Study Shows Improving Handoffs Associated With Fewer Medical Errors, Preventable Adverse Events
A before-and-after study of improved handoff techniques showed an association between improved handoffs and improved patient care at a major teaching hospital. Rates of medical errors and preventable adverse events fell after a standardized resident handoff bundle was implemented in two pediatric wards. Residents and interns spent significantly more time with patients after the handoff bundle was implemented but did not spend more time on handoff procedures, according to a study published Dec. 3 in the Journal of the American Medical Association.
Researchers compared rates of medical errors and preventable adverse events before and after the introduction of a standardized bundle of handoff procedures in two pediatric wards. The bundle included training on TeamSTEPPS (Team Strategies and Tools to Enhance Performance and Patient Safety) developed by the Agency for Healthcare Quality and Research and the Department of Defense, mnemonics to standardize verbal handoffs, restructuring of verbal handoffs, relocation of handoffs to a quiet and private space, and periodic handoff oversight by a chief resident or attending physician.
The study involved 642 patients and 42 residents before introduction of the handoff bundle and 613 patients and 42 residents after the handoff bundle. Results showed medical errors decreased from 33.8 per 100 admissions to 18.3 per 100 admissions (p<0.001) following introduction of the handoff bundle. Preventable adverse events fell from 3.3 per 100 admissions to 1.5 per 100 admissions (p=0.04). There was no significant change in nonpreventable errors –11 pre-intervention and 10 post-intervention.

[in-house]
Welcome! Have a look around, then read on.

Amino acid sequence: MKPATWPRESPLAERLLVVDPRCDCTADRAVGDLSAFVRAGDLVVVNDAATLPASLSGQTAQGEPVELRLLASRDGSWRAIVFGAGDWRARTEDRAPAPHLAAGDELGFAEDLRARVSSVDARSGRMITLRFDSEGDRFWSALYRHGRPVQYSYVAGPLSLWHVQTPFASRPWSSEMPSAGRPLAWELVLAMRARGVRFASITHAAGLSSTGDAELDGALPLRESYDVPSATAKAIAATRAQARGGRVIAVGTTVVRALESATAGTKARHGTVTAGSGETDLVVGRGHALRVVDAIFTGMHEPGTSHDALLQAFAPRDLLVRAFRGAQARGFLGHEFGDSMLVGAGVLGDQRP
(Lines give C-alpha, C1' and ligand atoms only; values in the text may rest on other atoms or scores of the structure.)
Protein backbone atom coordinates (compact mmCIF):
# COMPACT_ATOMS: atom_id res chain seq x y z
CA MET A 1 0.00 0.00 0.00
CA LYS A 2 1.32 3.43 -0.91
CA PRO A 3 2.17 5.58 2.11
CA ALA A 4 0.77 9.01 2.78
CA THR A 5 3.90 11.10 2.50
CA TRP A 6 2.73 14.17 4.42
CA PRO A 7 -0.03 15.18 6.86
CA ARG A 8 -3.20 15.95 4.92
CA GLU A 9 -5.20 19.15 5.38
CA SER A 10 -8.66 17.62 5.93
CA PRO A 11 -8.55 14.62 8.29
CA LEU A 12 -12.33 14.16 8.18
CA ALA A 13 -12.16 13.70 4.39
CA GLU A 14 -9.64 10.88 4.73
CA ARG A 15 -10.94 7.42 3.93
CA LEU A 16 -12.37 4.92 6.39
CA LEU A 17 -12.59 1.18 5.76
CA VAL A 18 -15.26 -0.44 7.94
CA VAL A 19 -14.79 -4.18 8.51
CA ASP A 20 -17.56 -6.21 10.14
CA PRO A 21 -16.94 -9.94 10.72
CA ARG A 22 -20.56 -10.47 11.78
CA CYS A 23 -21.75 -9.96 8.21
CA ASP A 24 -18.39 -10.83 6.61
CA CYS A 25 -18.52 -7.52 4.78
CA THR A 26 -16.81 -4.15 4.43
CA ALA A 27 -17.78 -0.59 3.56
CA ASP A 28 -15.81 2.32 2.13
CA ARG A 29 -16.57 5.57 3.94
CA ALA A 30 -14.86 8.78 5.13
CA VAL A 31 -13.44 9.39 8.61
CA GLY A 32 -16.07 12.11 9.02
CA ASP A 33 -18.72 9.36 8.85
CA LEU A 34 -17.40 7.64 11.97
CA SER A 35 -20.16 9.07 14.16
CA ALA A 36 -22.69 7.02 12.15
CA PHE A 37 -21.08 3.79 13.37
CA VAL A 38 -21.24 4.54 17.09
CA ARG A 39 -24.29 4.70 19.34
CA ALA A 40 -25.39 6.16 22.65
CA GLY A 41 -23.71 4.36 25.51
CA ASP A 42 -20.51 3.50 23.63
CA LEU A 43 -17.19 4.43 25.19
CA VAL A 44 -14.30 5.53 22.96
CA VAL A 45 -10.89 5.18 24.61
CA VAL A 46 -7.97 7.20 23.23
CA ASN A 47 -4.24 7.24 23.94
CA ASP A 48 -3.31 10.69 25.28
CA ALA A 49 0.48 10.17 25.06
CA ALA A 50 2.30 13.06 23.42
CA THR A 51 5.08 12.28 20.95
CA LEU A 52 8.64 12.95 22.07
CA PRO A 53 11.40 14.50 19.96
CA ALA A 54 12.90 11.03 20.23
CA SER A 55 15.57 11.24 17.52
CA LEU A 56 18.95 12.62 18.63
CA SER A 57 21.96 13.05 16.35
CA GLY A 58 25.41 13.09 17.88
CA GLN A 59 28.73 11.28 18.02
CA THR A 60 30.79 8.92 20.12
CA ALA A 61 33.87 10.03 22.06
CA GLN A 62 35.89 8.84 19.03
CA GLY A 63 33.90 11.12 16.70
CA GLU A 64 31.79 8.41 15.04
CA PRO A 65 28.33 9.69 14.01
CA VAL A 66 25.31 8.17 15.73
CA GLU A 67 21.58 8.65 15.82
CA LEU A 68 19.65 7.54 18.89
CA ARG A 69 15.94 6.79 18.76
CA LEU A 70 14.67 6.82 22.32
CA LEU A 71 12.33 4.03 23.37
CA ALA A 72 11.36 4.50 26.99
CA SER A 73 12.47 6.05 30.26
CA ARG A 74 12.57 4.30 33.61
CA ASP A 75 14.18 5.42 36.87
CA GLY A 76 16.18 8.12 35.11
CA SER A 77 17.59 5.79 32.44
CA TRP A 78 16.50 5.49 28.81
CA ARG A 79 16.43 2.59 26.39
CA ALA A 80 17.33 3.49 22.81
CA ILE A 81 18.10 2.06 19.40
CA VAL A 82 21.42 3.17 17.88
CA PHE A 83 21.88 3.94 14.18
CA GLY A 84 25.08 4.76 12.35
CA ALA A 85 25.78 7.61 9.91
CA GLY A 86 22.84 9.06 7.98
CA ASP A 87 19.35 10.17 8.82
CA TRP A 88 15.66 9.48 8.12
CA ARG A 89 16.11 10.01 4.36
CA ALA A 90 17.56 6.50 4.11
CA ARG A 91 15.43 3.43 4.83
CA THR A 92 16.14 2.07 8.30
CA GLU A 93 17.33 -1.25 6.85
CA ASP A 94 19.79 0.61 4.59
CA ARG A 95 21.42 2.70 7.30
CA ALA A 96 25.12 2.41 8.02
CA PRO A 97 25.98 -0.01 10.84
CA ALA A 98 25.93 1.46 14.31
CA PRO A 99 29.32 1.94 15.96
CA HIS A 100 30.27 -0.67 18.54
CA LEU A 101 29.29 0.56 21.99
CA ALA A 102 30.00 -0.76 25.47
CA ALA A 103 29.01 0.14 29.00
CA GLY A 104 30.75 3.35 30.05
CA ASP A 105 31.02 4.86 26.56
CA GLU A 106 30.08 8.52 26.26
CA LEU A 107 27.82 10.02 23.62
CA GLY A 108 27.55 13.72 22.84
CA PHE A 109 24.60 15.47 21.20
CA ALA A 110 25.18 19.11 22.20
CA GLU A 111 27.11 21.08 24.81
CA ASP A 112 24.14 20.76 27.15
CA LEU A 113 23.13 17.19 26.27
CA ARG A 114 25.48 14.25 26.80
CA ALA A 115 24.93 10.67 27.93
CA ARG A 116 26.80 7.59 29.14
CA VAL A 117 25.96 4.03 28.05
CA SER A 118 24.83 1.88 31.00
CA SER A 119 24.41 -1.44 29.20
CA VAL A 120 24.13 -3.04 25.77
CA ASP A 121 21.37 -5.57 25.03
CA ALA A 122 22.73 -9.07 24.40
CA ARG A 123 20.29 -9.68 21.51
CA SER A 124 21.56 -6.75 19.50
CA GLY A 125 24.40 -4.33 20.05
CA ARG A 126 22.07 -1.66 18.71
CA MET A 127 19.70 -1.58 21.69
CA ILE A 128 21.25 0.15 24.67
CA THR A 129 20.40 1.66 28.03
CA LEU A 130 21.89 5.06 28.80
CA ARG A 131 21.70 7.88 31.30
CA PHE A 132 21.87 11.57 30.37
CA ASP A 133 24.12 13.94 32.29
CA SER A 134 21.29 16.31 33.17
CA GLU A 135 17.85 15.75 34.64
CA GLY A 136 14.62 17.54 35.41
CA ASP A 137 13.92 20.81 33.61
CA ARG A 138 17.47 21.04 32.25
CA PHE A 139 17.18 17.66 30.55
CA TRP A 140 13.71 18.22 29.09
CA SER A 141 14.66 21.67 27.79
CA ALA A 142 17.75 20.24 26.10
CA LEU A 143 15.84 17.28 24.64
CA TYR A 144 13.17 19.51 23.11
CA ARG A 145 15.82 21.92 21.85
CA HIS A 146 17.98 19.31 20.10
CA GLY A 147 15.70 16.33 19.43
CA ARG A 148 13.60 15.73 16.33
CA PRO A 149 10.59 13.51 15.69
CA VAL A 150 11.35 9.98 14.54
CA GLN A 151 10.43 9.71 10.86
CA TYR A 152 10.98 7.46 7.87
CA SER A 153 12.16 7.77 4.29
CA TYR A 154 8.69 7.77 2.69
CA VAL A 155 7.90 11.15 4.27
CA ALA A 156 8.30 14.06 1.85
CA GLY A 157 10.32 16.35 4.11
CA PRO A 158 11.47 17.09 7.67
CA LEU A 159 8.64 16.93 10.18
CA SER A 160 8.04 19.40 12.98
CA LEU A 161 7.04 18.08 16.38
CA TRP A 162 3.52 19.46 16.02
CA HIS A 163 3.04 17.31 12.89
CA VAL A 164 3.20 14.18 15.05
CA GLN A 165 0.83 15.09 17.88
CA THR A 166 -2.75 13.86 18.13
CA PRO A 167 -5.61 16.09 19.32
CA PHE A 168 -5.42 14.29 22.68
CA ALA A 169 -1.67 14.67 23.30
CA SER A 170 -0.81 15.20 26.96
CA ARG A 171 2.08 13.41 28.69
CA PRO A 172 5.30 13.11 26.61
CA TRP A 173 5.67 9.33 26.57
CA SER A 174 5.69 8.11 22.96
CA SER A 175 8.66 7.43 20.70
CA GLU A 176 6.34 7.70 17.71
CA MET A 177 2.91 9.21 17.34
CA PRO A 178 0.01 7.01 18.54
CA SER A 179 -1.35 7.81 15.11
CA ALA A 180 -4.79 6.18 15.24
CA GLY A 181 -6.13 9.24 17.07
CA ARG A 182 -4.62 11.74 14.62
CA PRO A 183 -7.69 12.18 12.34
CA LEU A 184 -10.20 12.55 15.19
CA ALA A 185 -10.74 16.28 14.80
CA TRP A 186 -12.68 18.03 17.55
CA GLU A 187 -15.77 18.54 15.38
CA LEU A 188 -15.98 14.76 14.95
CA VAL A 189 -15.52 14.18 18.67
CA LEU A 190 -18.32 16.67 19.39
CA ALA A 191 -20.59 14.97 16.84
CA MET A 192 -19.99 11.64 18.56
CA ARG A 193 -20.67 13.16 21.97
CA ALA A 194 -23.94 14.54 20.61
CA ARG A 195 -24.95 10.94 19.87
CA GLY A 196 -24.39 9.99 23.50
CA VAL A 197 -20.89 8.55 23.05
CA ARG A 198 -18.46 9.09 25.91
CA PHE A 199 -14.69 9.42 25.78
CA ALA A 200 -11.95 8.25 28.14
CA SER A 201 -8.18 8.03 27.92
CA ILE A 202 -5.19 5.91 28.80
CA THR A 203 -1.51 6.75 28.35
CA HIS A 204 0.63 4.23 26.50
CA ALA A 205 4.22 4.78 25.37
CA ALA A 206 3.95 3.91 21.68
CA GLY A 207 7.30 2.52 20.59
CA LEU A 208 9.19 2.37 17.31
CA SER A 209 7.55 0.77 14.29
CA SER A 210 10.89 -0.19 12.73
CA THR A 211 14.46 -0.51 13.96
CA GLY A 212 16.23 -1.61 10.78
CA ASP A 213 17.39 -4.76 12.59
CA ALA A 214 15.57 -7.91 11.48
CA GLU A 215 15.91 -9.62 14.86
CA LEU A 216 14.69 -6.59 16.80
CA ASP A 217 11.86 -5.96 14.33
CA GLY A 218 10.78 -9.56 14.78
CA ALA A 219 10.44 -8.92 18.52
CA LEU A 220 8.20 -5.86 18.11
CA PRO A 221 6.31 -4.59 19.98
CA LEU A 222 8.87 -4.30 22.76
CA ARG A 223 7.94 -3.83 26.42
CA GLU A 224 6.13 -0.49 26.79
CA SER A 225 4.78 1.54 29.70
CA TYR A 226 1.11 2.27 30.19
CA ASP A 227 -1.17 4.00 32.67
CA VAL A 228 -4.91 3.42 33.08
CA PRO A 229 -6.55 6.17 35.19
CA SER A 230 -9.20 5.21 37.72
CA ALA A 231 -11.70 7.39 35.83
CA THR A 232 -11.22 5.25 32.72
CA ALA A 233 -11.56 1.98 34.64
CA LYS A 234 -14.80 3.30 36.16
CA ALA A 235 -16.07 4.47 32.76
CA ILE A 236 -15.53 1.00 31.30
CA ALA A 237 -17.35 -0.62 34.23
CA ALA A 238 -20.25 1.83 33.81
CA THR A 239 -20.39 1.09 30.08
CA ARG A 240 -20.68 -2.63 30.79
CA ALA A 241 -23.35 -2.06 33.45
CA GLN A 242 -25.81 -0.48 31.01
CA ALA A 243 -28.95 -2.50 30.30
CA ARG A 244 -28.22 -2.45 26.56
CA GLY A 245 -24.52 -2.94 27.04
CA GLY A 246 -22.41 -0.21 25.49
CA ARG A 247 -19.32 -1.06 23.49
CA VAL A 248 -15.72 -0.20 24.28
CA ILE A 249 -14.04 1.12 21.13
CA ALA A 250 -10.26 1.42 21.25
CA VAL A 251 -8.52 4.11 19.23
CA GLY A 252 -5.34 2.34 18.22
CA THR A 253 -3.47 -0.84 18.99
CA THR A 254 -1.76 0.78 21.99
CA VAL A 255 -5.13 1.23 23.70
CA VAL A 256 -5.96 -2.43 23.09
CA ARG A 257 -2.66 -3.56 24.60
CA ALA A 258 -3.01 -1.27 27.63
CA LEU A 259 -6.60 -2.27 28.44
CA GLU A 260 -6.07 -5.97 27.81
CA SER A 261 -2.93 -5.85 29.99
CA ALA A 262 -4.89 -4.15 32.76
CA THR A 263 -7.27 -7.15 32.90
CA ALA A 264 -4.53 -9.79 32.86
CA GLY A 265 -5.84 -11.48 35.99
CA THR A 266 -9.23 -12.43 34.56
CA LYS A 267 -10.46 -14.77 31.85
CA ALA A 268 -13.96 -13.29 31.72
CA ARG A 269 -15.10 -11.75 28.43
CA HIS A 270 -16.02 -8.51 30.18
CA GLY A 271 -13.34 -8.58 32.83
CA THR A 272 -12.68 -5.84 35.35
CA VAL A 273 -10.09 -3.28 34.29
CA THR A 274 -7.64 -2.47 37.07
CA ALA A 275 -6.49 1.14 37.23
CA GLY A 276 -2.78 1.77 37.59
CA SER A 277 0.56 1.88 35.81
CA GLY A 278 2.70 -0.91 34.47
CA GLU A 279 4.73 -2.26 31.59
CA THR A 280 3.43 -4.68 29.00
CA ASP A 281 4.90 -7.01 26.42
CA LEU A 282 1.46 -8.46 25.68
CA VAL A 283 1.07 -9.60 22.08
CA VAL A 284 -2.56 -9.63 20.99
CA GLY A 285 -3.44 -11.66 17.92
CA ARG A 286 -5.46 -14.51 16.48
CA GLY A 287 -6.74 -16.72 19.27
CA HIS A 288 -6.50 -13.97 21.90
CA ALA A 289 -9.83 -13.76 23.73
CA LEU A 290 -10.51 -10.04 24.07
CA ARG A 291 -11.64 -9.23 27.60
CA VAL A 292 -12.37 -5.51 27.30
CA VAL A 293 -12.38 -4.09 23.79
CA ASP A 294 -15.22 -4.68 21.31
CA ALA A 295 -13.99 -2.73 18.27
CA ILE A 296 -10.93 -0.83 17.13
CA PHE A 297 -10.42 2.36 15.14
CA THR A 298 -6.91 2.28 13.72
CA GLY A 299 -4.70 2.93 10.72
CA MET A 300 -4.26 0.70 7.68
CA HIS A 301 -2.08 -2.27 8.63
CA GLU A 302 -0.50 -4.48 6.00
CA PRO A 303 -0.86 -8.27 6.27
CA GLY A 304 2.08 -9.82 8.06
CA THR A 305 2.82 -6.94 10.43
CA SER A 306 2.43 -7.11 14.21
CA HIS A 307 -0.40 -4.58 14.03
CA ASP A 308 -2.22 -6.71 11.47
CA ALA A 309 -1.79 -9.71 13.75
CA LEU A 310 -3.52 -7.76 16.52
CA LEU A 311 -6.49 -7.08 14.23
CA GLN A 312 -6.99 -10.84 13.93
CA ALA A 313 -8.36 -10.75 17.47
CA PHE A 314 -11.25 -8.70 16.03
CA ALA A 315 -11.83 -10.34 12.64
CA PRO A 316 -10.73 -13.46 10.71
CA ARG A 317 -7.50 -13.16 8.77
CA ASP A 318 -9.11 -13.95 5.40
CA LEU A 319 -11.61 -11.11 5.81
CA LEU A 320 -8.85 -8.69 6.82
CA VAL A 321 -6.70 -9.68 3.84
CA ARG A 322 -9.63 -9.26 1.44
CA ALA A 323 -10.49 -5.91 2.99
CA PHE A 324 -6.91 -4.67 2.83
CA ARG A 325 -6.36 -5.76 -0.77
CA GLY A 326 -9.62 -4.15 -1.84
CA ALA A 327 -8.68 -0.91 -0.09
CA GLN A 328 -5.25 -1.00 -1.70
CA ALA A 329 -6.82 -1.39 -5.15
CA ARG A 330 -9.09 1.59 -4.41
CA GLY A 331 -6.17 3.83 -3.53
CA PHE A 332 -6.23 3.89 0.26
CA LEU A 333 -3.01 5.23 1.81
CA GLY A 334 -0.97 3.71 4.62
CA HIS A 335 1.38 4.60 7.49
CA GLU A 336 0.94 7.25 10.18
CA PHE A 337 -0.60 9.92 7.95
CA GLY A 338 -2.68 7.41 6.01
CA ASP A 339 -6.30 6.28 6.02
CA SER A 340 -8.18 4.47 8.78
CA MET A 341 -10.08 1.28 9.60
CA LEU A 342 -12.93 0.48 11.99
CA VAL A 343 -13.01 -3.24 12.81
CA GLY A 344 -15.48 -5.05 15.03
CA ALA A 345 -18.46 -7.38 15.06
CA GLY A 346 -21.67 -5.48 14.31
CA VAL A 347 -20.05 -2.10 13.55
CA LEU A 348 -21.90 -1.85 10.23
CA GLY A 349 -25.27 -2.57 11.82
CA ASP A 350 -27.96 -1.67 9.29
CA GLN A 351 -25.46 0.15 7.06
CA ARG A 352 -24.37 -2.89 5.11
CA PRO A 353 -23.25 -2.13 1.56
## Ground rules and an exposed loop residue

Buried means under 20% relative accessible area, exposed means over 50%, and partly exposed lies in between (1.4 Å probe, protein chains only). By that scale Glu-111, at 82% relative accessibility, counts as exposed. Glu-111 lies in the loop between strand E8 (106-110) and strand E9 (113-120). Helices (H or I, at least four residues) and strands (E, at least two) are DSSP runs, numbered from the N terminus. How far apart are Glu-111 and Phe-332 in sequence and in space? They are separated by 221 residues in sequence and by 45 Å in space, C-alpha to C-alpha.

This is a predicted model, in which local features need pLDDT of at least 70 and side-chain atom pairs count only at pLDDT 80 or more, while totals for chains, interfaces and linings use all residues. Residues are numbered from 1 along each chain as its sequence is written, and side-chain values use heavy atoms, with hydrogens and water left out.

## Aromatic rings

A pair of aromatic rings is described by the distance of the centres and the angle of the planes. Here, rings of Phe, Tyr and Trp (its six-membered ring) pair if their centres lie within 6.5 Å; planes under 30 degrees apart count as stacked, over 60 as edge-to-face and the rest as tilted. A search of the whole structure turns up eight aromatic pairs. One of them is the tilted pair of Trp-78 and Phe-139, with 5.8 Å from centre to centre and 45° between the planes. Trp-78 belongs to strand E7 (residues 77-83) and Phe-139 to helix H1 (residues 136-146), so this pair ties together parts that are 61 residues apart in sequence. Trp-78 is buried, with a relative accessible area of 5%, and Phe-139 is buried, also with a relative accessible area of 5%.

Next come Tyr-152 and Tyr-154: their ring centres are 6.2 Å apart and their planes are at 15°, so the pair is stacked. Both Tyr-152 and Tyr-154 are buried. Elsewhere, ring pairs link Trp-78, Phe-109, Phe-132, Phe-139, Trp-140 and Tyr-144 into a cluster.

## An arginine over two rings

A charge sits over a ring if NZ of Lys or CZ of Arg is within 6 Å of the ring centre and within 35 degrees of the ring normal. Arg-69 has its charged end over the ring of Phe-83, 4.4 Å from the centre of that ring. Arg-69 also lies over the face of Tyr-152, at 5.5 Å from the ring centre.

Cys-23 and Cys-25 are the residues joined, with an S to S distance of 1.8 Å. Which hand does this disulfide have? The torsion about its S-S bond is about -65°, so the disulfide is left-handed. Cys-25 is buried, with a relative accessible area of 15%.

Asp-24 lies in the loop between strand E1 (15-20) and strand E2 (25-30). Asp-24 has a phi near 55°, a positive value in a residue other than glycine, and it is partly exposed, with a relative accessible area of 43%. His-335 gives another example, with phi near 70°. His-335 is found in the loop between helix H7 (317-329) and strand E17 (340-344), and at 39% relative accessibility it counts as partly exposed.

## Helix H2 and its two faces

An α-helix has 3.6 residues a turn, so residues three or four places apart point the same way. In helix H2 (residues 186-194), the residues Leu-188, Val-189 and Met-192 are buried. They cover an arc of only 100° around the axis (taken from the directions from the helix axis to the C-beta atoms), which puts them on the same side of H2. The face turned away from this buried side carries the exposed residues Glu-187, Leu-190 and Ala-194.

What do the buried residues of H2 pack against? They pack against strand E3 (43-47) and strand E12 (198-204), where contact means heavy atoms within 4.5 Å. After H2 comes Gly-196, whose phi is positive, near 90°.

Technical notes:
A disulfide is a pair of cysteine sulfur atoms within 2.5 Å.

"We found that error rates, care processes, and work flow were improved following introduction of the resident handoff bundle," wrote lead author Amy Starmer, MD, MPH, Boston Children’s Hospital, Harvard Medical School, Boston. "Given the increasing frequency of handoffs in hospitals following resident work-hour reductions and the high frequency with which miscommunication leads to serious medical errors, disseminating high-quality handoff improvement programs has the potential for benefit."
"Given the known problems of discontinuity, the strong face validity of the handoff bundle, the reasonably minimal effort it involved to implement and these promising, albeit preliminary results, it would be difficult to argue that handoff bundles should not be widely adopted," Leora J. Horowitz, MD, MHS, Yale Medical School, New Haven, CT, wrote in an accompanying editorial comment. "Additional study is still needed to replicate these results, better characterize essential elements, refine the interventions and determine sustainability. While awaiting results from larger multi-institutional studies, it is reasonable to ensure that at least basic elements of safe handoffs are in place."
< Back to Listings